David R. Henderson  

GDP and Well-Being

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If you, like me, liked Arnold's post today on the pitfalls of GDP, take a look at my piece titled "GDP Fetishism." I explicitly address, among other things, the huge problem with valuing the G (government spending on goods and services) part of GDP at cost.

I'll point out another major problem with the Mark Thoma approach that Arnold criticized. It isn't just that G might not be worth much. It's also that Mark throws out price theory. He looks at the various other components of GDP and says why there's not much hope for them to improve. But with huge amounts of idle resources around, a way for things to improve with zero incremental G or even with a drop in G is for prices of these idle resources to adjust downward. To take just one example, imagine what kinds of extra goods and services might be produced if the minimum wage fell by just 20 percent.

Even though I've addressed the same issue that Arnold addressed, notice that I've put my post in the title "Microeconomics." Microeconomics is what's missing from Thoma.


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CATEGORIES: Microeconomics



COMMENTS (10 to date)
John Fast writes:

I agree with everything you say, because it's simple economics, which is to say simple common sense.

The challenge is that it's difficult to adopt policies such as lowering the minimum wage because they are unpopular. After all, who wants people to have lower wages?? :-D

As I put it, "bad politics trumps good economics." (That's why I do public choice and institutional economics -- because IMO everything else in economics is now irrelevant compared to those.)

Mark Thoma writes:

Actually, the microeconomics of sticky prices is what's missing here, and I'm not the one missing it...

Good luck with your proposal to cut worker income in a recession. There are models where that will work, but there are also models where that will lead to a catastrophic downward spiral. That's not a chance I'm willing to take, especially when there are other effective remedies.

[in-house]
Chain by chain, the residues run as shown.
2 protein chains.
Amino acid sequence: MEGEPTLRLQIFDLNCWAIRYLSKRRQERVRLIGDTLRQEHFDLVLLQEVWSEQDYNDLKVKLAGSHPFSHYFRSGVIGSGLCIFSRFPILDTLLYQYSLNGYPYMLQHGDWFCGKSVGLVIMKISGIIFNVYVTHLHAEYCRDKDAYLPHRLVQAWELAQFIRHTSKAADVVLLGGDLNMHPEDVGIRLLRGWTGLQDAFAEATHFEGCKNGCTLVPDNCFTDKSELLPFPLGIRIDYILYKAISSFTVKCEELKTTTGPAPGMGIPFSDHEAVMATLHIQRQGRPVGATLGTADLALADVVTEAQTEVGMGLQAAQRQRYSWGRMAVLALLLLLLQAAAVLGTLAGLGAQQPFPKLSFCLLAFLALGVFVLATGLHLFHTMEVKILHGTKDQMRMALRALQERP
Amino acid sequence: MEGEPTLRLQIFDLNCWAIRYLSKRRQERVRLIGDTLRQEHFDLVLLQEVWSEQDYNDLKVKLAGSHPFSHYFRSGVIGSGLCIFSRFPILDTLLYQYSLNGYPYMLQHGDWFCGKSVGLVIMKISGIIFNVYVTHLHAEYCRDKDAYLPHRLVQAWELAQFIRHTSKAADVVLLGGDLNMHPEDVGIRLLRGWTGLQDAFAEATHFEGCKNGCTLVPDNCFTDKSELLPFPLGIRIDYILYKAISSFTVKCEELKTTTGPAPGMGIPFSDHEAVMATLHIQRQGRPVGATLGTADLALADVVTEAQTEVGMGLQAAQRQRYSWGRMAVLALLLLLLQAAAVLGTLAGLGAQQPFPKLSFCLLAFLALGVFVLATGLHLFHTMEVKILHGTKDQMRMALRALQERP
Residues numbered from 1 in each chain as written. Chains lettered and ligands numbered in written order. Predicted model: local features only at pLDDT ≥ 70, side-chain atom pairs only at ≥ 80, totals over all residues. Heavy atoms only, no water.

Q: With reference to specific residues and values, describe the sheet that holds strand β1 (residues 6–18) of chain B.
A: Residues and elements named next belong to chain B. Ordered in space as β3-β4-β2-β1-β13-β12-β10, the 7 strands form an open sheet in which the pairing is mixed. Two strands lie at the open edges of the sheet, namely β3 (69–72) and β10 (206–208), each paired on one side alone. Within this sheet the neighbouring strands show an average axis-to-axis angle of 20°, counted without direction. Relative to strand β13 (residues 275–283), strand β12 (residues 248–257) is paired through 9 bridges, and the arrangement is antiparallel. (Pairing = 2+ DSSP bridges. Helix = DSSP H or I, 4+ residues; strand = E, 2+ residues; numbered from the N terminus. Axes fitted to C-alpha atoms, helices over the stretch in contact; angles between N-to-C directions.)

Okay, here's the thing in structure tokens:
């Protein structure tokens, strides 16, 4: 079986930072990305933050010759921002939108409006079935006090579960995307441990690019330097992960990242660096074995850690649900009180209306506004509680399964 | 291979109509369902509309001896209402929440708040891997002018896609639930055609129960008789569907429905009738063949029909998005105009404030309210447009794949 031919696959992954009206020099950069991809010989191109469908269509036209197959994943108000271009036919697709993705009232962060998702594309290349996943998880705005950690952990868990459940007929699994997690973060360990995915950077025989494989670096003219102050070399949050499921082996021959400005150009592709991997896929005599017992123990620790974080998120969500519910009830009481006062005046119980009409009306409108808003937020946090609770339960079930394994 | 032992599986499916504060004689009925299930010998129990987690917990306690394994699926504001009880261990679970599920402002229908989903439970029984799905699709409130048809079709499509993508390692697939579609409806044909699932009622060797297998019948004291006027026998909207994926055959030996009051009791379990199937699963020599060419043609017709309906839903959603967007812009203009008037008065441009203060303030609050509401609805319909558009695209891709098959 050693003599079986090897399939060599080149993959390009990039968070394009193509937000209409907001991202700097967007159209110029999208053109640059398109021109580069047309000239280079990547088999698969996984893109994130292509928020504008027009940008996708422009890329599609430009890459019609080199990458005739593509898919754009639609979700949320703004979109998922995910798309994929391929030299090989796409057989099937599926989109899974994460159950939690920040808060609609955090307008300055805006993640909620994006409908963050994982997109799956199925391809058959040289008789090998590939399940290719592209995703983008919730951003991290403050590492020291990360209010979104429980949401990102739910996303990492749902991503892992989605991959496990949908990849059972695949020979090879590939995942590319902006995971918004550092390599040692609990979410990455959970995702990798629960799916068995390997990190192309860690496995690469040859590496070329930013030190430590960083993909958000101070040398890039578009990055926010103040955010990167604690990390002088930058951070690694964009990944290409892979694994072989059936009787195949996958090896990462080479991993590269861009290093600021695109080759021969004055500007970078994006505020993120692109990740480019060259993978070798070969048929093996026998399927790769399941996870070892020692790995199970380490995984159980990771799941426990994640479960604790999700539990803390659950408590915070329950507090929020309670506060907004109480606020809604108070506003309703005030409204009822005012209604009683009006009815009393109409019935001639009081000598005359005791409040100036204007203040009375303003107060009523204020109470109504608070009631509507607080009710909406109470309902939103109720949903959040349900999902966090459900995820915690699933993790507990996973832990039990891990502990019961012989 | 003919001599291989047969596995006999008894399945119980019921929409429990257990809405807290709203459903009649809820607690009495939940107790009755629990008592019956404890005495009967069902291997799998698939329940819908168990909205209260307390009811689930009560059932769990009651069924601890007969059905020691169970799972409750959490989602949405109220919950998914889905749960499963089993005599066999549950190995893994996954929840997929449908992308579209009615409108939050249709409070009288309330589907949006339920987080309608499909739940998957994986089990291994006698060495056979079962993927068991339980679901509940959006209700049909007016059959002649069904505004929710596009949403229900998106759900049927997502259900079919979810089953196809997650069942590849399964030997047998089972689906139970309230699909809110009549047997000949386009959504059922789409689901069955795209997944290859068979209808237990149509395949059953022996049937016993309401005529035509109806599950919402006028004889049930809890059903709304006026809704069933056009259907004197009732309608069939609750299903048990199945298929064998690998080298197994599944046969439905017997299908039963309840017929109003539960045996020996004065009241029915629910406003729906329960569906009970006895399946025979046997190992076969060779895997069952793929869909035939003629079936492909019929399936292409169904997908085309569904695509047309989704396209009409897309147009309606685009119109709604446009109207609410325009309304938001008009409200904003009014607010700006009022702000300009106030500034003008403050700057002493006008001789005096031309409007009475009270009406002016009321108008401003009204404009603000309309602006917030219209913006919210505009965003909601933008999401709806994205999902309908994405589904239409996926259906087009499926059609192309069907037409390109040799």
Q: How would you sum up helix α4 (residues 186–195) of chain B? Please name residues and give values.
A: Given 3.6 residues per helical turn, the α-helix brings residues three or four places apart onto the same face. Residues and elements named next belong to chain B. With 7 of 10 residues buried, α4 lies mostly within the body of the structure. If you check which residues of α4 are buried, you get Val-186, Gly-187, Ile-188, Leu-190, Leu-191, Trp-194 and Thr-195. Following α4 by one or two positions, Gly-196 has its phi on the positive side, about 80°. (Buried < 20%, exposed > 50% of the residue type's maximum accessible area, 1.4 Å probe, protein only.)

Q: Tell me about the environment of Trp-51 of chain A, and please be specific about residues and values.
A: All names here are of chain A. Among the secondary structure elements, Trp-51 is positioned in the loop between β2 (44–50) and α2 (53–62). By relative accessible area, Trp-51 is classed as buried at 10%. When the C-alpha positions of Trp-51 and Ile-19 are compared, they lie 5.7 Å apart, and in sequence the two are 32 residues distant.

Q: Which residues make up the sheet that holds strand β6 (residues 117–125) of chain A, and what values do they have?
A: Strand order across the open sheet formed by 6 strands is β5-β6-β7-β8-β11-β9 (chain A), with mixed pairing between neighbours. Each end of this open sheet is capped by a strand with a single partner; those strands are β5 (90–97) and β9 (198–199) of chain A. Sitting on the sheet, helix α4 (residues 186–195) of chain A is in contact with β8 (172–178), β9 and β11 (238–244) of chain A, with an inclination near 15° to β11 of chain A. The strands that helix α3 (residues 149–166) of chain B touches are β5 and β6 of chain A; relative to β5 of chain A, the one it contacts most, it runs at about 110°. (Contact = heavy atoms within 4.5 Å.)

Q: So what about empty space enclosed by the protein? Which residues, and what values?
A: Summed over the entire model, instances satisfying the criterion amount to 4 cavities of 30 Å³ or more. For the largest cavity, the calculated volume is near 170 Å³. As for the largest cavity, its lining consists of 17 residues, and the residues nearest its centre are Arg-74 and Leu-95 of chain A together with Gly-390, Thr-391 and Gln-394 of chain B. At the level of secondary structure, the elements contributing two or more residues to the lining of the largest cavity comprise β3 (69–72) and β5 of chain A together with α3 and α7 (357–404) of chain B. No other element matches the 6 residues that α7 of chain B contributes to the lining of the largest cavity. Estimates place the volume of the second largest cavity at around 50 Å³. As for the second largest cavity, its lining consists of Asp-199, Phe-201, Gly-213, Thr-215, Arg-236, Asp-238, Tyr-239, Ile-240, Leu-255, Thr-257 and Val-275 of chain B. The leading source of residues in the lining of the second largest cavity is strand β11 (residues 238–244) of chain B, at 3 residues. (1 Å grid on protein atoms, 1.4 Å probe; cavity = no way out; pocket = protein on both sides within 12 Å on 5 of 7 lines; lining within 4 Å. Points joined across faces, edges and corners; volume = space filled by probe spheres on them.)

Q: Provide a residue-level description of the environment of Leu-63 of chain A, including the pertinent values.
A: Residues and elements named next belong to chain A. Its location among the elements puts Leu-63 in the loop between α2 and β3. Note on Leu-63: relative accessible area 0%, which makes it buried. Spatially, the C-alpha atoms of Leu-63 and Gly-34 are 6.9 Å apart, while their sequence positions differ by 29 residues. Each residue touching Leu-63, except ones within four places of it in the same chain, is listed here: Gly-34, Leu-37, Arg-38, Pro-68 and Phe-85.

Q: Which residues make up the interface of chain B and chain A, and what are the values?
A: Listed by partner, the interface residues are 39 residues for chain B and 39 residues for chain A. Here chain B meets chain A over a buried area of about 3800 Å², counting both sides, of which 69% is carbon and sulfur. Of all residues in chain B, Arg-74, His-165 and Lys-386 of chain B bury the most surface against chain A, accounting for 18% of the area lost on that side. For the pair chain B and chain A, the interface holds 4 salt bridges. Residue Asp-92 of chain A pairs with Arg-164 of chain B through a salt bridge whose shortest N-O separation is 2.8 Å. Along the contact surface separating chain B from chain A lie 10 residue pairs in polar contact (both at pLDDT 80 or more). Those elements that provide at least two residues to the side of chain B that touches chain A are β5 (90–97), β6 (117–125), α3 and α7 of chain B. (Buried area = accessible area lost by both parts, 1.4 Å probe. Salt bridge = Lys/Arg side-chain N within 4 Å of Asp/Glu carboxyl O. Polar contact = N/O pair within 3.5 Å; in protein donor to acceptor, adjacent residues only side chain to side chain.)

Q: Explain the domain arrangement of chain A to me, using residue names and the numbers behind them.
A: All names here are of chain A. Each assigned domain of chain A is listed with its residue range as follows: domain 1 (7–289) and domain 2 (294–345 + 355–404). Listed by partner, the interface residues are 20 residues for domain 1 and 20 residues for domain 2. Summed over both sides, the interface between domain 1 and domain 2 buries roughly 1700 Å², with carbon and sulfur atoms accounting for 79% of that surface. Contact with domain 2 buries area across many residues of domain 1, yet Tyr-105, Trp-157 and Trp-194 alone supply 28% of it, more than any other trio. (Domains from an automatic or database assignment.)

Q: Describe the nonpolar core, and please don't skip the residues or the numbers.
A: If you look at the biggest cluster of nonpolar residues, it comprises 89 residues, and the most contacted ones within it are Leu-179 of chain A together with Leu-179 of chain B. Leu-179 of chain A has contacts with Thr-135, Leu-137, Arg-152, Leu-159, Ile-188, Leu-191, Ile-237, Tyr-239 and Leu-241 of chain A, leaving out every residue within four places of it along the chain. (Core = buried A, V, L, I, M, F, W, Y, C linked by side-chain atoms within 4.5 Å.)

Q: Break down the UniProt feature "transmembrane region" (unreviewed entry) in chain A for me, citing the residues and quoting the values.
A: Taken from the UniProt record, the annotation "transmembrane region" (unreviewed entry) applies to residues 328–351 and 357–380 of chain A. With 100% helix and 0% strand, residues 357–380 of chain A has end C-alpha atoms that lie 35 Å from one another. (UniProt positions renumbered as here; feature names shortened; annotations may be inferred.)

And it's usually best to drop reasoning such as:

If I assume that government spending has no effect ("G might not be worth much", it won't be effective. Especially when the evidence, viewed fairly, contradicts the assumption.

Noah Yetter writes:

Mr. Thoma why refer to models rather than the actual observable world? The map is not the territory. Wage cuts work.

Also "G might not be worth much" is not in any way, shape, or form equivalent to "government spending having no effect". Spending on activity that is value-destructive can still have "multiplier"-type effects. Cash-for-clunkers and the home buyer tax credit certainly spurred a lot of activity, or at least the rearrangement of activity across time, even if their net effects on well being was negative (which they were).

Tom Dougherty writes:

"Good luck with your proposal to cut worker income in a recession. There are models where that will work, but there are also models where that will lead to a catastrophic downward spiral."

Cutting the minimum wage does not have to mean cutting worker income. With a lower minimum wage, employers may give employees longer hours and hire previously unemployed workers whose income was zero. This may in fact mean increased income for employees. Anyway, I can hardly see how a reduction in the minimum wage could possibly lead to a "catastrophic downward spiral". Such a model doesn't pass the smell test and is just fear mongering to think that would happen in the real world.